8. Do I have this right? There is actually only one approved monkeypox vaccine made by one relatively small company in Denmark. That is why the millions of doses on order won't be arriving until 2023.

  9. This is true, but not the whole picture. The vaccine for smallpox which you are describing is the historic vaccine, ACAM-2000, which is typically used in the United States in the context of certain deployments in the military. However, a new vaccine for smallpox (and also monkeypox) called Jynneos has been approved and is being produced, which functions more like a traditional vaccine in the context of the mechanics of delivery.

  10. Most everyone in the military has had the small pox vaccine. It’s only good for 10 years if I remember correctly. I actually have to get another one this year.

  11. As someone who has received the small pox vaccine within the last 10 years this description makes it sound way way worse than it is. When done correctly the “blister” is at worst described as a large pimple. I no one I know had any noticeable leaking. The contamination and infection of others is definitely a chance but also limited.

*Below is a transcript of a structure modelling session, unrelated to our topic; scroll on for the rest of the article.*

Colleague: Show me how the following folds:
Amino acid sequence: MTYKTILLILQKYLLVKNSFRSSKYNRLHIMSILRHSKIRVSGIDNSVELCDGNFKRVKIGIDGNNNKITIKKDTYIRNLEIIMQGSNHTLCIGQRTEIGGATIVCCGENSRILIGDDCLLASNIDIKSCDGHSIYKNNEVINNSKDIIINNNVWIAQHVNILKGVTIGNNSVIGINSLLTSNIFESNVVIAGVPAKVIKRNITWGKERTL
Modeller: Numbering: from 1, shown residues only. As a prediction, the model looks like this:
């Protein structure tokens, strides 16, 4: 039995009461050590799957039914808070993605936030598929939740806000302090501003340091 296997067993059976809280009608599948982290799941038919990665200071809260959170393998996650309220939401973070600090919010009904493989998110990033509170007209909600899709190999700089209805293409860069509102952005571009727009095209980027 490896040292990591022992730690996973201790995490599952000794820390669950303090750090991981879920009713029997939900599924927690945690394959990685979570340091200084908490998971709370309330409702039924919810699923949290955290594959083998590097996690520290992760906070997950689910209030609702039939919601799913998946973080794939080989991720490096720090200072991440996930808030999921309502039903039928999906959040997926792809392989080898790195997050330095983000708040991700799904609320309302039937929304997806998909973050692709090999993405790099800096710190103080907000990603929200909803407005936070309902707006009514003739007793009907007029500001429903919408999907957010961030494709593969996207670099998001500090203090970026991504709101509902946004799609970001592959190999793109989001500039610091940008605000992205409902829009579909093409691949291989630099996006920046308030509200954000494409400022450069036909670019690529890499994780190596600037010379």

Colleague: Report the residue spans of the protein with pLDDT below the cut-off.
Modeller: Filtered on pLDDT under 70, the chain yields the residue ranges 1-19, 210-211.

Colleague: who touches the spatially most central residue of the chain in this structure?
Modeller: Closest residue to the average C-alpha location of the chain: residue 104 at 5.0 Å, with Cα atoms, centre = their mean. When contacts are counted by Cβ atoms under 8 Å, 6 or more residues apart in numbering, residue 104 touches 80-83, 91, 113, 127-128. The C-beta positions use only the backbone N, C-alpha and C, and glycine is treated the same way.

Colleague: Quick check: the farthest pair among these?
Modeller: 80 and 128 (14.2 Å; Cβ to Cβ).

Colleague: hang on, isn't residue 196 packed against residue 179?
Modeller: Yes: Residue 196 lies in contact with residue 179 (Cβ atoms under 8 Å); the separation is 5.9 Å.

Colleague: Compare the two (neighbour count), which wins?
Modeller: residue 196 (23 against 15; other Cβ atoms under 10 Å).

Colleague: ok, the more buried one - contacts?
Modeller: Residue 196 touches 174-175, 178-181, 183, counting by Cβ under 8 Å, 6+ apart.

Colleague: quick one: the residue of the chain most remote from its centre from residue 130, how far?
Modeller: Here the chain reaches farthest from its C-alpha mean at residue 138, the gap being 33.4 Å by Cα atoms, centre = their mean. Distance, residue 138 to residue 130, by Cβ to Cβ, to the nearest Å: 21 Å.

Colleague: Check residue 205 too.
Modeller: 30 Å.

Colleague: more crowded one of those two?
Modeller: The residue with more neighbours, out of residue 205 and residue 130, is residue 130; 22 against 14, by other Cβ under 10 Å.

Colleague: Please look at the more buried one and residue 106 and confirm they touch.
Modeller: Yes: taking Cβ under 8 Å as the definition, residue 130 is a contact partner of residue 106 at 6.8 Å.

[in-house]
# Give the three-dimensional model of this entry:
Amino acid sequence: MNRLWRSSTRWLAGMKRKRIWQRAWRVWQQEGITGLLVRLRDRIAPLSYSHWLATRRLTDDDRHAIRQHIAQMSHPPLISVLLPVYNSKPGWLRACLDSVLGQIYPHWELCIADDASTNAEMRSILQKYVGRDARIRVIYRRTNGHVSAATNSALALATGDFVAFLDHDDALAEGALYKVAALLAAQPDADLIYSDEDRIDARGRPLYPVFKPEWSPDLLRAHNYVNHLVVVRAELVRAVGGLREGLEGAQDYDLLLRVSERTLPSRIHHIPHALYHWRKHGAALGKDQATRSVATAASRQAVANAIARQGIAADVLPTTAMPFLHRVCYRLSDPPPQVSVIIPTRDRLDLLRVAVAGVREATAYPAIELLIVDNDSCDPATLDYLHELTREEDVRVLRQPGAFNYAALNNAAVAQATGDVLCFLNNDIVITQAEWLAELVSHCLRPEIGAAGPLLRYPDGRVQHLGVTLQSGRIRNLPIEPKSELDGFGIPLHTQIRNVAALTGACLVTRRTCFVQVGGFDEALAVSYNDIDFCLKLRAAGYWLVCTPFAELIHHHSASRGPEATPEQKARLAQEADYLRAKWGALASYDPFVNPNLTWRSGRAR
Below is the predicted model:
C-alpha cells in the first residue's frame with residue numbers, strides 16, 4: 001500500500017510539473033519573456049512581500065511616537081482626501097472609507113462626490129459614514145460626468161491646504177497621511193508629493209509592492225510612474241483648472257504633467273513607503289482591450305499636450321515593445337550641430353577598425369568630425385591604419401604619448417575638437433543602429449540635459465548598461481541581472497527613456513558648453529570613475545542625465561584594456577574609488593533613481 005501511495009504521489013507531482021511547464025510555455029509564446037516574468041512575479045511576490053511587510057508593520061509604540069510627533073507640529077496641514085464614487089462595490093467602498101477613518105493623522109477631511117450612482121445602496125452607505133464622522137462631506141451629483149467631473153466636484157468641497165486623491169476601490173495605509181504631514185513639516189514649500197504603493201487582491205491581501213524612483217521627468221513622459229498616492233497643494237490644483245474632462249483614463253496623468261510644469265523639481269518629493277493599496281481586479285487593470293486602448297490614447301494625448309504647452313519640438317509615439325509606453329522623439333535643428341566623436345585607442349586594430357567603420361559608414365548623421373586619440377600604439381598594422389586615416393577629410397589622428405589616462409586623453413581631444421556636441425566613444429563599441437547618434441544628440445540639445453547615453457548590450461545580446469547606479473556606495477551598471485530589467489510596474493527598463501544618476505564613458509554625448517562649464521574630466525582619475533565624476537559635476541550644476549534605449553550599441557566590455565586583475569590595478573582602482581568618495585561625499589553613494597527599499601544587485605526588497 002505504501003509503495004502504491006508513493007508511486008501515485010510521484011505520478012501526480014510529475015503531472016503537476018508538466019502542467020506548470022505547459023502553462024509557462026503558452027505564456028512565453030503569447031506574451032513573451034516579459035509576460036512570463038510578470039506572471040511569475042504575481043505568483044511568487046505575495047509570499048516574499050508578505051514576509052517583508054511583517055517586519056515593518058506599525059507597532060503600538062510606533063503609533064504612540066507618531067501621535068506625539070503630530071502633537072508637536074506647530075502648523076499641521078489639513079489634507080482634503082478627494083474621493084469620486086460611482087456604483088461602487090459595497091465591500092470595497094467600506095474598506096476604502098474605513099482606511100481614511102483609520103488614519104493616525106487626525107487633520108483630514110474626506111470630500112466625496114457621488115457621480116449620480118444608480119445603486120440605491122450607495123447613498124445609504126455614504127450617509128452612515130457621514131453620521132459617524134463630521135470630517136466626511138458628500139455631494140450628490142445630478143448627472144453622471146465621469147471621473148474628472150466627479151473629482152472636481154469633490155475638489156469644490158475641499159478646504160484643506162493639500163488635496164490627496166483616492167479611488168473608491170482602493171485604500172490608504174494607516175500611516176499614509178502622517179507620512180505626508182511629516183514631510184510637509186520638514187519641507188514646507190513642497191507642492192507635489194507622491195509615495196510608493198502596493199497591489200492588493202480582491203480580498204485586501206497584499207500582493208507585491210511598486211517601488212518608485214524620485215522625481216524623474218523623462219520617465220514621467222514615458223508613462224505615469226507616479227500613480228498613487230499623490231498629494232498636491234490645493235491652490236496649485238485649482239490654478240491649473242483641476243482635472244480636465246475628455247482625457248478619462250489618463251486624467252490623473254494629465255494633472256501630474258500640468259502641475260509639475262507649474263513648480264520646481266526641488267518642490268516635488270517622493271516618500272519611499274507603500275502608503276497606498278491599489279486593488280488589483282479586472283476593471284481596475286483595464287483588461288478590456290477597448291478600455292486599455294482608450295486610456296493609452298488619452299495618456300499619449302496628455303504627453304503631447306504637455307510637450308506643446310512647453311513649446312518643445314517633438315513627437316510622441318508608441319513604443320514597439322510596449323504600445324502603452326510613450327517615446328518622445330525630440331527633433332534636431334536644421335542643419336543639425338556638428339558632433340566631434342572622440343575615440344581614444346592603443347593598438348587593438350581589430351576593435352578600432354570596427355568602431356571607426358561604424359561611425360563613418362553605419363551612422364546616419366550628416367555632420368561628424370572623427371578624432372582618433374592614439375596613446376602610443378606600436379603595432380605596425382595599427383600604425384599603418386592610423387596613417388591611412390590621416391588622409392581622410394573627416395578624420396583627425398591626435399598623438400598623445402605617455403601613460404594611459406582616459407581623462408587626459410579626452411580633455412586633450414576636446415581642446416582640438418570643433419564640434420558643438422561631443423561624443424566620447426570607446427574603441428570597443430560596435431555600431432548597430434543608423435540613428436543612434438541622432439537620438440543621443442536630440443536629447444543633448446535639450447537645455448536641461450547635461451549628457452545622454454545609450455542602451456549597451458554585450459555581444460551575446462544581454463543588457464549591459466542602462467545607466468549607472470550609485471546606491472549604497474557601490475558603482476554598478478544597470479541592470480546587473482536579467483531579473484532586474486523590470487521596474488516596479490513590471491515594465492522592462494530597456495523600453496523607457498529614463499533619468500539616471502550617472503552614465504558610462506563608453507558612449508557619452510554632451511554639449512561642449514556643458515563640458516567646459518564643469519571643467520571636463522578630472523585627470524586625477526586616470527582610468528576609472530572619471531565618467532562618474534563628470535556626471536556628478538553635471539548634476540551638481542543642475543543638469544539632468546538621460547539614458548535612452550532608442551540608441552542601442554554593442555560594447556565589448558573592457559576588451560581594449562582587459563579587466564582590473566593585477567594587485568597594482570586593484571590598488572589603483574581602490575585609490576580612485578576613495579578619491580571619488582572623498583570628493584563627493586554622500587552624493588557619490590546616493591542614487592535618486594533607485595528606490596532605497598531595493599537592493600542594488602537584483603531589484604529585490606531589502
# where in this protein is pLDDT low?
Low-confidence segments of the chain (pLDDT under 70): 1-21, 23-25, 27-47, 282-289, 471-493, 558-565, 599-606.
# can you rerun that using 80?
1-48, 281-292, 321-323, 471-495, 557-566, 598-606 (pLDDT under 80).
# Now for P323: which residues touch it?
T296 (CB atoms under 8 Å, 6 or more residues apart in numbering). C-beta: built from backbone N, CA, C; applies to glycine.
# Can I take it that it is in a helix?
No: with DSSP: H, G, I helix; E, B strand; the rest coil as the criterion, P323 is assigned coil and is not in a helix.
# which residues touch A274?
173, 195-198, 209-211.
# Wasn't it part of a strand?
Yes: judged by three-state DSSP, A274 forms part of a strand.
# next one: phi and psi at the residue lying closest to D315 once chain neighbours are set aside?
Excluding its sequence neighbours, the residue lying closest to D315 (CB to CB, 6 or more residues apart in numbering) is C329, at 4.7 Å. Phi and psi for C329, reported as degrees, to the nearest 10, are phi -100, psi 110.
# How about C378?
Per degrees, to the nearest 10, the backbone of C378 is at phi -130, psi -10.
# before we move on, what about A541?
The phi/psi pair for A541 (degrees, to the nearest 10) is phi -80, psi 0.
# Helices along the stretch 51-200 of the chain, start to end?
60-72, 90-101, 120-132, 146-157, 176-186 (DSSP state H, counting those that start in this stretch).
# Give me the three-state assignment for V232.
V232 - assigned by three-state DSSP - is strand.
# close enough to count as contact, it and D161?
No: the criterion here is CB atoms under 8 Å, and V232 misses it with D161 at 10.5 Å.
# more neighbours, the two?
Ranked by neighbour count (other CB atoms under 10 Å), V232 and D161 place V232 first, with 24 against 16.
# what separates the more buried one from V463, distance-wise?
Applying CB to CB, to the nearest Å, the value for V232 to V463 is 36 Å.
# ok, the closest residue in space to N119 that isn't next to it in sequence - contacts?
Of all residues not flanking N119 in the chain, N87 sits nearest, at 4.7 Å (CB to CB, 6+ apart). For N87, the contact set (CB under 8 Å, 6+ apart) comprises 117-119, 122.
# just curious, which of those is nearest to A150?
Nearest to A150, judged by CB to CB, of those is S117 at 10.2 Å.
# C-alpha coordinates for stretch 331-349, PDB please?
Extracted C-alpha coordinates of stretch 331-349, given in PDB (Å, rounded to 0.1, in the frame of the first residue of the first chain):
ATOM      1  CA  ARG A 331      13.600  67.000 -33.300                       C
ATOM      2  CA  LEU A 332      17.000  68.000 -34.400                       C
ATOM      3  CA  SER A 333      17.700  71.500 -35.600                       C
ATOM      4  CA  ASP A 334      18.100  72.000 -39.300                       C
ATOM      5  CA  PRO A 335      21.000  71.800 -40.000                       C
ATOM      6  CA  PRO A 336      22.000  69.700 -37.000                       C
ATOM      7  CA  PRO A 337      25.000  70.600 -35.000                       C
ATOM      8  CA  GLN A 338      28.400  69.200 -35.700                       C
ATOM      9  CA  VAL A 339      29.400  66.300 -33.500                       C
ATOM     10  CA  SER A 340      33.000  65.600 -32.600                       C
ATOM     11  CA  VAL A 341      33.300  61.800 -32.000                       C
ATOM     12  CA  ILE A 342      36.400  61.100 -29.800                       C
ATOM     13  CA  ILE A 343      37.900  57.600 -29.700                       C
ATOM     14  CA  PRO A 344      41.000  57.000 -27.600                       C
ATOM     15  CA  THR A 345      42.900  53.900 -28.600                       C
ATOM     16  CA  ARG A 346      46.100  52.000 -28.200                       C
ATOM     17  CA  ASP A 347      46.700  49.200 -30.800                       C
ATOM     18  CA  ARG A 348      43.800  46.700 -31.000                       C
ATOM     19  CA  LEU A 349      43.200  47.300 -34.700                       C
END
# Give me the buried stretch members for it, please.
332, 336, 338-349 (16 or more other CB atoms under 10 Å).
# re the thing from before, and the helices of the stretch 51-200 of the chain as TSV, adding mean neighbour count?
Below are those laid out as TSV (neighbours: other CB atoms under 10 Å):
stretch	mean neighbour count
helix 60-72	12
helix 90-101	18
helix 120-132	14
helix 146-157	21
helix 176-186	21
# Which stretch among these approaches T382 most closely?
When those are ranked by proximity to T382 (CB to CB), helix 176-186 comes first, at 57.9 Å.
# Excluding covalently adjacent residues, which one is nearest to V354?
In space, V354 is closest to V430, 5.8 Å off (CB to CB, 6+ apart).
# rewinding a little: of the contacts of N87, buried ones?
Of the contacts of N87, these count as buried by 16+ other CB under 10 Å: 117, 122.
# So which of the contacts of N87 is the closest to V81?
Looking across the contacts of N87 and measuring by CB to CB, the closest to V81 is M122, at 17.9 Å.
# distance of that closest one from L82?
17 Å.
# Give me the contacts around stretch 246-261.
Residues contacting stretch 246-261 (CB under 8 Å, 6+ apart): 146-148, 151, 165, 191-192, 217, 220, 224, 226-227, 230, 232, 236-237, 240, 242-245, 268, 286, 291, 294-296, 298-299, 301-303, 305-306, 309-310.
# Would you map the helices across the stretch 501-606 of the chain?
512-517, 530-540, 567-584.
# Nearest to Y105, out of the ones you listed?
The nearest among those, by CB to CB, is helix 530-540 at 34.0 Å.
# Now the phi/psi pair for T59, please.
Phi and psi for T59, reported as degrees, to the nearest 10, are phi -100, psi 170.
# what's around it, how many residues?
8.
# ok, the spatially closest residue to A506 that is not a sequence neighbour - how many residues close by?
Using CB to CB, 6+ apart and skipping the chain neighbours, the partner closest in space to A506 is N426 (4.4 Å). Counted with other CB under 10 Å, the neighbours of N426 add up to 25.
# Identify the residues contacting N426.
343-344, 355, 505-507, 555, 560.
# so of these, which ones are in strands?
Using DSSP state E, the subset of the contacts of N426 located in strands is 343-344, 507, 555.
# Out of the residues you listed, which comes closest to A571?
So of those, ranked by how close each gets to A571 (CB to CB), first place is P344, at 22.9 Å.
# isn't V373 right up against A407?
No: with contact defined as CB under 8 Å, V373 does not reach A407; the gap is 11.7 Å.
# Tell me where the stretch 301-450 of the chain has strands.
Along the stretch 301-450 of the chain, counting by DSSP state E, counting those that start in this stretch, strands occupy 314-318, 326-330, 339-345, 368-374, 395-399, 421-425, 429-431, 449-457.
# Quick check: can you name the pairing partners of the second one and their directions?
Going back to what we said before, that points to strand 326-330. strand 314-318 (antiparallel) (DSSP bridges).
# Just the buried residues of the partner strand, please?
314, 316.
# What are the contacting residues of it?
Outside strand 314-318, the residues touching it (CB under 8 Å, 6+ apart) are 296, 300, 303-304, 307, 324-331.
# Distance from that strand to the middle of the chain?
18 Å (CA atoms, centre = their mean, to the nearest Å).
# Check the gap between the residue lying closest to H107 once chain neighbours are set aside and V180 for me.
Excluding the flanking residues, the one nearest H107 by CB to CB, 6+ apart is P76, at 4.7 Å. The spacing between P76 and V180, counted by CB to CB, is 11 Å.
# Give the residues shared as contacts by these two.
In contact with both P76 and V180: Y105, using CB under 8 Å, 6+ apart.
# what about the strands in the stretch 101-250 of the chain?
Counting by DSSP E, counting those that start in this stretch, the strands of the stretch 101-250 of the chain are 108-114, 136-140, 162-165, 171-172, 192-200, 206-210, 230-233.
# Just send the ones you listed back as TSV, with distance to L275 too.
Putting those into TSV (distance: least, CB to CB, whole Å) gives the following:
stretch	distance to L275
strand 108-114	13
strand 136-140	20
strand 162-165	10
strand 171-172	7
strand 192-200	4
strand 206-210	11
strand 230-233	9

12. Also, you cannot get this vaccine if you have had eczema or live with anybody that has or has had eczema. Life threatening reactions can occur.

  13. I can’t have live virus immunizations. I hope other people get it so I’m not fucked 😒

  14. I can't handle this shit anymore as a needle phobic...... I'm fully willing to take vaccines but in any other form, please! I'll even chug a gallon of an oral vaccine that tastes like ass!

  15. I mean...it's an obscure disease that wasn't relevant until now, and it's extremely easy to avoid getting. So why would there be manufacturing capacity for it...?